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Archive for December, 2008

The Real News Network – Israel pounds Gaza for fourth day

December 30, 2008 Leave a comment

Israeli jets have attacked the Gaza Strip for a fourth day, with raids on a number of Hamas government buildings and security installations.

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Vote for Margaret…

December 27, 2008 Leave a comment

Margaret Beegle, who characterizes herself a “Worker and activist”, has posted the suggestion that the work week be reduced to 30 hours to Barack Obama’s website, Change.Org:

Institute the 30 hour work week, i.e. a 6-hour work day. That means four instead of three shifts. It would give people time to actually be citizens, time to volunteer, raise children, develop themselves and their capabilities. It would allow the absorption of returning soldiers and employ the laid-off and others.

It has been more than 100 years since the fight for a shorter work week. The new millennium presents us with a new opportunity to develop human creativity.

The suggestion has garnered 32 votes so far, and need an additional 868 vote to make it into the second round of consideration.

We would encourage all readers to register to the site and give her idea a vote.

Oh Really? You could have told us that 60 years ago…

December 22, 2008 Leave a comment

From Martin Wolf, chief economics commentator for the Financial Times:

“This, in short, is a time for humility. Why did we [economists] mostly get ‘it’ so sensationally wrong? How did something that looks increasingly like the precursor of a slump creep up on almost all of us this year? It is a pretty good question. It is a pretty embarrassing one, too. It is one everybody I meet now asks.”

Perhaps, because you economists are a bunch of worthless, over-rated toadies to power, trapped in a bizarre make-believe world of your own construct.

Randall Wray: “We need a big and growing government”

December 22, 2008 Leave a comment

Here is something which may come as a bit of a surprise to you: we need a big and growing government, according to Randall Wray:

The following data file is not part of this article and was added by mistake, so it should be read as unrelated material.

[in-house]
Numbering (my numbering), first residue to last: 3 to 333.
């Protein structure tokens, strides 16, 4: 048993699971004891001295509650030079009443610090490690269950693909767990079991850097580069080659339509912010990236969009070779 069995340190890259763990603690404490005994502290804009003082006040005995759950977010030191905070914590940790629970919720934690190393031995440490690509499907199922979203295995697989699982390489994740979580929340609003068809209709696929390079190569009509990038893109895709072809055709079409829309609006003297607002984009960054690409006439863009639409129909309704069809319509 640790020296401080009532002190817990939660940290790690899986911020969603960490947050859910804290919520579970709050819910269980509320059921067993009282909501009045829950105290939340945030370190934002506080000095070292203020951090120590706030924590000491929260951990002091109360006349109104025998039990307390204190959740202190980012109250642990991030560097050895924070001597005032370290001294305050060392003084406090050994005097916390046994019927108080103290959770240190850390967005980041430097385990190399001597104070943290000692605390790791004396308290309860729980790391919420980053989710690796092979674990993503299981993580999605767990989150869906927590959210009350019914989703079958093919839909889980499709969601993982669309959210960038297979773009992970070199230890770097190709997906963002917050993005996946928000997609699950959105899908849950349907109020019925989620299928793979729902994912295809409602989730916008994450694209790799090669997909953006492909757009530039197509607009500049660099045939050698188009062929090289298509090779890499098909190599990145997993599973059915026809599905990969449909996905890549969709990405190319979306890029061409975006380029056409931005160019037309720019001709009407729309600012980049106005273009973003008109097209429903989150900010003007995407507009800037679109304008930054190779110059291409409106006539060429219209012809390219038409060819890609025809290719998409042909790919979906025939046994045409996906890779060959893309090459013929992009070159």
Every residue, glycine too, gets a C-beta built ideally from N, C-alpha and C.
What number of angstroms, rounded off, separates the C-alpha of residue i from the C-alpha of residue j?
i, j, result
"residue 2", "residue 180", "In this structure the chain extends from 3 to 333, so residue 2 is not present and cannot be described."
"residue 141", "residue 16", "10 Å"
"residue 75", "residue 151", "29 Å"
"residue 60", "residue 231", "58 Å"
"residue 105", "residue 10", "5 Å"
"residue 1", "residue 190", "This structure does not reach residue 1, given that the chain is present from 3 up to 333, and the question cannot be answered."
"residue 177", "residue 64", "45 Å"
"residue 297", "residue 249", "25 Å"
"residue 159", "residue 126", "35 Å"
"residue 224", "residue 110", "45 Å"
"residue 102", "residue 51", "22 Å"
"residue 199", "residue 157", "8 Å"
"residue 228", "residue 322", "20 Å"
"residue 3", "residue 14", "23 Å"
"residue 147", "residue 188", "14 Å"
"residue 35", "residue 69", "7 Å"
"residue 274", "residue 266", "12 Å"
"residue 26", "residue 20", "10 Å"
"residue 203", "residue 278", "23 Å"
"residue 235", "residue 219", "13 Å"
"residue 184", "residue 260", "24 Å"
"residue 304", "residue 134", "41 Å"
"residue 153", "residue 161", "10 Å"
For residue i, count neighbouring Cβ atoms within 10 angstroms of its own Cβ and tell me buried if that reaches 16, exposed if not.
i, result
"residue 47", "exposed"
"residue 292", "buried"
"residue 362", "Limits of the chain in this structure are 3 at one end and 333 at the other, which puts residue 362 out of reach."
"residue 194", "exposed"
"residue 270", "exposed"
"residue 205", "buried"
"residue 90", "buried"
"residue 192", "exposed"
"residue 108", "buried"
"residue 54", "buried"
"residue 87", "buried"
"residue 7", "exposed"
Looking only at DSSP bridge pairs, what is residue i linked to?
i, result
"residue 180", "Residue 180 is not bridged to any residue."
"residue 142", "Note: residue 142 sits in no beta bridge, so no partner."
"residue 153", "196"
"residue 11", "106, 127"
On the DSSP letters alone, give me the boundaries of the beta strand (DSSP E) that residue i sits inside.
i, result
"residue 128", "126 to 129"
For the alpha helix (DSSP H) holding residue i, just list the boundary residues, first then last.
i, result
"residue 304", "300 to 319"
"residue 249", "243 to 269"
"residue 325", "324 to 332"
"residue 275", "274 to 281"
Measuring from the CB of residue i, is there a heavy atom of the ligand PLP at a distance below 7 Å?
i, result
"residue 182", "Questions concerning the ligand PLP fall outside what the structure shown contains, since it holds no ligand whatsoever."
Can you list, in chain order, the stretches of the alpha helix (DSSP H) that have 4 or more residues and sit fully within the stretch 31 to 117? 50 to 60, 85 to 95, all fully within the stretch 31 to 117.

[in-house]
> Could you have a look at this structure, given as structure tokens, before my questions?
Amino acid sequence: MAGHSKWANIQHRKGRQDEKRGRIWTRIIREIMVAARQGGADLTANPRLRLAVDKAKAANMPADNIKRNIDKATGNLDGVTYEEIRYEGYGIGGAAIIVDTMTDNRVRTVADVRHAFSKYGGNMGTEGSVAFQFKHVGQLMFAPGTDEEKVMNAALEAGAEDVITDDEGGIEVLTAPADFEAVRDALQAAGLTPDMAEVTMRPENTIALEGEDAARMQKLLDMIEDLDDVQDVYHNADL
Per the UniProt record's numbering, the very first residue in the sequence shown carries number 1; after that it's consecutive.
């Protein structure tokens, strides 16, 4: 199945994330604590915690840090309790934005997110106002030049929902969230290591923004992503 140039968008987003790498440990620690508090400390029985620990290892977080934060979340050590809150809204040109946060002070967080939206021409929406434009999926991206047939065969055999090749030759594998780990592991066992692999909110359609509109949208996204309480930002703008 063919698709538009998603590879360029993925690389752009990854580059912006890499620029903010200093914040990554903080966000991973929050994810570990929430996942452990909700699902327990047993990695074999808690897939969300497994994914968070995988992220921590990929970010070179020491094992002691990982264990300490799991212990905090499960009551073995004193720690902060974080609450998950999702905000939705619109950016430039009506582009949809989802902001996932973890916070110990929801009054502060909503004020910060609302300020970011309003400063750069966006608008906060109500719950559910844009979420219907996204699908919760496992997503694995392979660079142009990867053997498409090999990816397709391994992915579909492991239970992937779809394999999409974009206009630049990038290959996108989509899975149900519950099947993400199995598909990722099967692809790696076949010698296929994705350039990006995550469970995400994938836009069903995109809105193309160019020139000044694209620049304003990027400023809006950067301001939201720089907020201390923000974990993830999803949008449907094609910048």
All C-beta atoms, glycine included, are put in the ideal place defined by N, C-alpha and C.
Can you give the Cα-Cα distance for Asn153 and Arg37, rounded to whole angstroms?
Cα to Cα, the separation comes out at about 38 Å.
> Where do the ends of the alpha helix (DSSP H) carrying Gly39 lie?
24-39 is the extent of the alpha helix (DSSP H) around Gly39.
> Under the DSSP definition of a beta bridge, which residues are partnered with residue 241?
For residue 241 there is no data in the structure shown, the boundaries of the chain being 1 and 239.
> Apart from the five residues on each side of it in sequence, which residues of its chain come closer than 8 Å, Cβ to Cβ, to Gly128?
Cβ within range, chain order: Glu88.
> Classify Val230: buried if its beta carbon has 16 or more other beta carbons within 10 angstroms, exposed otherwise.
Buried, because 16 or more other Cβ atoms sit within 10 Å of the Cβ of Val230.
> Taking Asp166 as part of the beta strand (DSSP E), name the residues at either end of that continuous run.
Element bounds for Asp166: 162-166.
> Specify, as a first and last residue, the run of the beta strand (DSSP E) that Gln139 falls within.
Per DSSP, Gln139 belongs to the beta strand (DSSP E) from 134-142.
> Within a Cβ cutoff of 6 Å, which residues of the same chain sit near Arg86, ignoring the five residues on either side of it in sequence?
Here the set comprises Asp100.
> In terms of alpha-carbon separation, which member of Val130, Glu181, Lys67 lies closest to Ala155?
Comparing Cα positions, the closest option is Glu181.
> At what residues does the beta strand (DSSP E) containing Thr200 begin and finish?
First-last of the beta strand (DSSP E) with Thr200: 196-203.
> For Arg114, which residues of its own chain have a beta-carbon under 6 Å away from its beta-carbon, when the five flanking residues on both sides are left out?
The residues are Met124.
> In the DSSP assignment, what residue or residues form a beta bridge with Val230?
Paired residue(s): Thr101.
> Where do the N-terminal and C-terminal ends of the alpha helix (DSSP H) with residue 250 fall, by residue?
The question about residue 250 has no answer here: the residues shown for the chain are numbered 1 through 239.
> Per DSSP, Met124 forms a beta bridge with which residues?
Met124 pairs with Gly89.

Private sector-led expansions are (almost) inherently unsustainable because they generate growing debt burdens that eventually must be reversed … It is clear that what we need now is job creation, growth of income (especially wages), and debt relief–all of which will put household finances on better footing. We need public infrastructure investment–not private investment–as well as more (and better) public services. Virtually all economists now favor a bigger role for government, however, most see this as a temporary fix. What I am arguing here is that we need a big and growing government–the ratchet–to generate a sustainable growth path. So while I (mostly) agree with Paul Krugman on the nature and causes of the early postwar boom, I do not think we ever banished the tendency toward stagnation. We just hid it behind an unsustainable debt binge.

From what we can parse here, it appears the Mr. Wray believes our economy cannot grow on its own, and needs big and growing government to compel growth.

He gives, as his reason for this big and growing government, that, left to its own devices, the economy cannot deliver jobs, higher wages and income, and the reduction of debt – and has a pronounced tendency toward stagnation.

Since the Great Depression – we think that is his time line – this natural tendency of the economy to stagnate has been hidden by the unsustainable growth of debt.

We are not sure what is wrong with stagnation, in that case: Reduce the work week, slash government, and everything would be just fine.

Sponsor an Executive

December 20, 2008 Leave a comment

The money you give won’t just save a life, it’ll save a lifestyle

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Got depression? Here’s the cure

December 17, 2008 1 comment

A simple remedy for economic depression, as outlined by Dean Baker, in his article, The Fear of Secular Stagnation:

Well, there are two really simple answers to this problem:

1) Work fewer hours – while workers in other wealthy countries can count on 4-6 weeks a year of vacation, workers in the United States are guaranteed no paid time off. As a result, the average work year in the United States involves almost 20 percent more hours than the work year in Western European countries. As fringe benefits a shorter work year can be more family friendly and also we can be less polluting if we take the benefits of our productivity growth in leisure instead of income.

2) Support growth in the developing world – back in the good old days economists used to think that capital should flow from rich countries to poor countries so that they could build up their capital stock and infrastructure at the same time that they fed and clothed their populations. This thinking conveniently disappeared from view when the United States began to run large trade deficits in the late 90s.

Amazing.

And, it doesn’t take Washington intervening in capital markets, busily buying every kind of asset to protect billionaires from themselves.

It doesn’t take a trillion dollar in new expenditures by Washington to bail out every banker or state government with sob story.

All it takes is for you to work less, and the residence of the Kibera slums to live a better life.